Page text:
2006, UBS - A UBS system administrator, angered over his “meager” annual bonus, launched a virus that, had it been successful, would have driven UBS’s stock price into the ground.

Of the incidents listed above, three of them have one thing in common: they were logic bombs. The fourth incident, Texas Auto Center, didn’t even need logic bomb capabilities because the system itself was already pretty much designed to be a logic bomb. The conditions: a disgruntled employee with system access and ill intent. The result: the system does what it was designed to do -- set off car alarms -- but not how or when it was supposed to.

All the Texas Auto Center ex-employee needed for that attack were credentials. His were suspended, but as a former admin, he just used someone else’s that he happened to remember. Texas Auto Center was sloppy about its access controls and authentication and paid for it.

For a primer in just how potentially dangerous these sorts of attacks are, check out a November 2009 episode of 60 Minutes, which showed the world how easily a logic bomb could damage or destroy physical machinery. A test attack (called Aurora) hacked into a SCADA system and caused a power generator to self-destruct.

Logic bombs, insiders, scammers and thieves

The insider attacks above share an important trait with cyber-warfare: the main intent is to disrupt and damage. More troubling are the ones that actually want to steal classified information (or protected IP), or simply learn enough about the target to cause all sorts of problems.

The Google penetration falls into that camp, as do earlier Chinese breaches into the U.S. intelligence and defense systems. The ZeuS and Bugat Trojans, both of which focus on gaining financial data, seek to gather specific data in order to steal.

Now, take those sophisticated malware tools (which anyone can buy online for a few thousand dollars, by the way) mix them with disgruntled workers and an outside entity seeking to steal or do harm, and you have a perfect attack storm.

Is there any proof that this sort of thing is happening? No. But it's probably just a matter of time before it does.

There are two even more flammable ingredients: mobility and social networks. “Malware used to be binary in nature, taking advantage of a particular vulnerability in a specific system,” said Michael Sutton, VP of Security Research for Zscaler. Now, the software landscape is far more fragmented, with smartphones, tablets and other non-PC platforms complicating the picture, which is inspiring hackers to create more general-purpose malware.

“The future of malware, I’d argue, is Web-based worms. Then, it doesn’t matter what device you are on,” Sutton said. “Malware also used to spread by hopping from device to device. The devices had to have the same vulnerabilities, or it didn’t work. Now, malware is starting to target social networks, where it spreads from profile to profile to profile, growing exponentially, in minutes.”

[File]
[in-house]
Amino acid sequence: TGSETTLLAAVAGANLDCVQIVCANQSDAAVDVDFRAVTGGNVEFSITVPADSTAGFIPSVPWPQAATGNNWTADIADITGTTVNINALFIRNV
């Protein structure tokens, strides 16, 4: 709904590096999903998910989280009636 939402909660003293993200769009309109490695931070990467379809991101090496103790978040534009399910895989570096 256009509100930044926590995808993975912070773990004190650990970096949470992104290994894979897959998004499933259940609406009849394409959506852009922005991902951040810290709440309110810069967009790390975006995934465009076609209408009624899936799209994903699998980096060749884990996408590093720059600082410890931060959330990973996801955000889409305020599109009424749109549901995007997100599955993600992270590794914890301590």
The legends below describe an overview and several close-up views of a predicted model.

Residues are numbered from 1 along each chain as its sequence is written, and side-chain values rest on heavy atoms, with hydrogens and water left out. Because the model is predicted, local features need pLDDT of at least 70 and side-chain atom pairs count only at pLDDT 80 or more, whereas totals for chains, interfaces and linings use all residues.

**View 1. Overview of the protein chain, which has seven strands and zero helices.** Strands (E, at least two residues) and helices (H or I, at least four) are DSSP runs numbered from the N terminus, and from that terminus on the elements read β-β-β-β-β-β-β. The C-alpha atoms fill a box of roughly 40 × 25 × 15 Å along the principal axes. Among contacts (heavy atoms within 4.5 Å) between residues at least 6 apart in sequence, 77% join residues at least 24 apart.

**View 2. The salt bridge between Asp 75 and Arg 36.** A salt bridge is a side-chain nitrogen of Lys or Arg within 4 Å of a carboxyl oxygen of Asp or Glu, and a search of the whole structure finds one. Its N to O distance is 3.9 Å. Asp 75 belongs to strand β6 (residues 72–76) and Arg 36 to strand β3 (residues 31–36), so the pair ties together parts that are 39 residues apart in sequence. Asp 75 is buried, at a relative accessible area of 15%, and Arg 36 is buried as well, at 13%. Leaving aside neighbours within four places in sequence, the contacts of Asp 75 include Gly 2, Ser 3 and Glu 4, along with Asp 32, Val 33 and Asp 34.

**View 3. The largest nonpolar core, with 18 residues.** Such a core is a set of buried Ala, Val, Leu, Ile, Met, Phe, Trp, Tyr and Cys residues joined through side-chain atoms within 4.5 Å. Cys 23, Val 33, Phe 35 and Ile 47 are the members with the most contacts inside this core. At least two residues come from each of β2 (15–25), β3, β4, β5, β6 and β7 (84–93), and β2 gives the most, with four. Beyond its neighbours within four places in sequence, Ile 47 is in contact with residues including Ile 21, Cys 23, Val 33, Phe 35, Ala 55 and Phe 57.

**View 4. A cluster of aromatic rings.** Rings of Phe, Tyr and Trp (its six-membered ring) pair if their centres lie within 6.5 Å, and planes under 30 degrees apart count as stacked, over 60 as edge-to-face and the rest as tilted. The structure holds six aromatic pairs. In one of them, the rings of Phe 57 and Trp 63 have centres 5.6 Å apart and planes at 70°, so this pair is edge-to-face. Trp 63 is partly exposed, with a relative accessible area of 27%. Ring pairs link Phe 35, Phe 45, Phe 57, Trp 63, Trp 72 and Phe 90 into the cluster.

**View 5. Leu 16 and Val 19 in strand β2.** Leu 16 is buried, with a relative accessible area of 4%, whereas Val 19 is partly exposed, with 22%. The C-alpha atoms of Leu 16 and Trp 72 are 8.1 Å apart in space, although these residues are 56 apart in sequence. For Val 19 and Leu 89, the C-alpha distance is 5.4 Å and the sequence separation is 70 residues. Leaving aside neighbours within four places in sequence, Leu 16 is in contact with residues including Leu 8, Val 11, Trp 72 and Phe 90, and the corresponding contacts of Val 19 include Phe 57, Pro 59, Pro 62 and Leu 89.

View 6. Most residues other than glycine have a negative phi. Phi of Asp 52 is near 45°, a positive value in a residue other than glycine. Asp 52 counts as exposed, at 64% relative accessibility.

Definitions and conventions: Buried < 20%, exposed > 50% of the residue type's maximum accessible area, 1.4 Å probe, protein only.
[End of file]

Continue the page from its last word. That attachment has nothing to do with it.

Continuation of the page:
Twitter, Facebook and LinkedIn all have numerous security vulnerabilities. For social networking sites, the space is still a land grab and the point is to grow as big as you can as fast as you can. Security is considered a minor nuisance that the sites figure they can clean up later.

The more things change

“As fascinating as it is to study new threats like Stuxnet, the majority of the threats to business are what they’ve always been,” said Chris Larsen, head of Blue Coat System’s research lab. “Social engineering attacks, especially for fake security products, are still some of the most common and most successful threats.”

Larsen also discussed a particularly devious social engineering attack where the bad guys launched their targeted attack by focusing on a company’s executives. However, instead of targeting the executives themselves, they went after spouses, the logic apparently being that at least one executive would have a poorly secured PC shared with a non-tech savvy spouse. That PC would then be the beachhead into the company.

Blue Coat just released its 2011 Web Security Report , which investigated the changing threat landscape in detail. “One of the trends that is the most disturbing,” Larsen said, “is that hackers are becoming more and more patient. They’ll set up fake store fronts; they’ll create "malvertising" campaigns; they’ll build up a powerful botnet over time; and they’ll often seek investments from other criminals to buy them the time to concoct slower, more elaborate attacks.”

Hackers tend to be hackers, conventional wisdom goes, because they’re greedy and lazy. Emphasis on lazy. Patient, determined, high-achieving hackers who have even greedier backers? Now that’s really scary.

Based in Santa Monica, California, Jeff Vance is the founder of www.sandstormmedia.net, a copywriting and content marketing firm. He regularly contributes stories about emerging technologies to this publication and many others. If you have ideas for future stories, contact him at jeff@sandstormmedia.net or visit.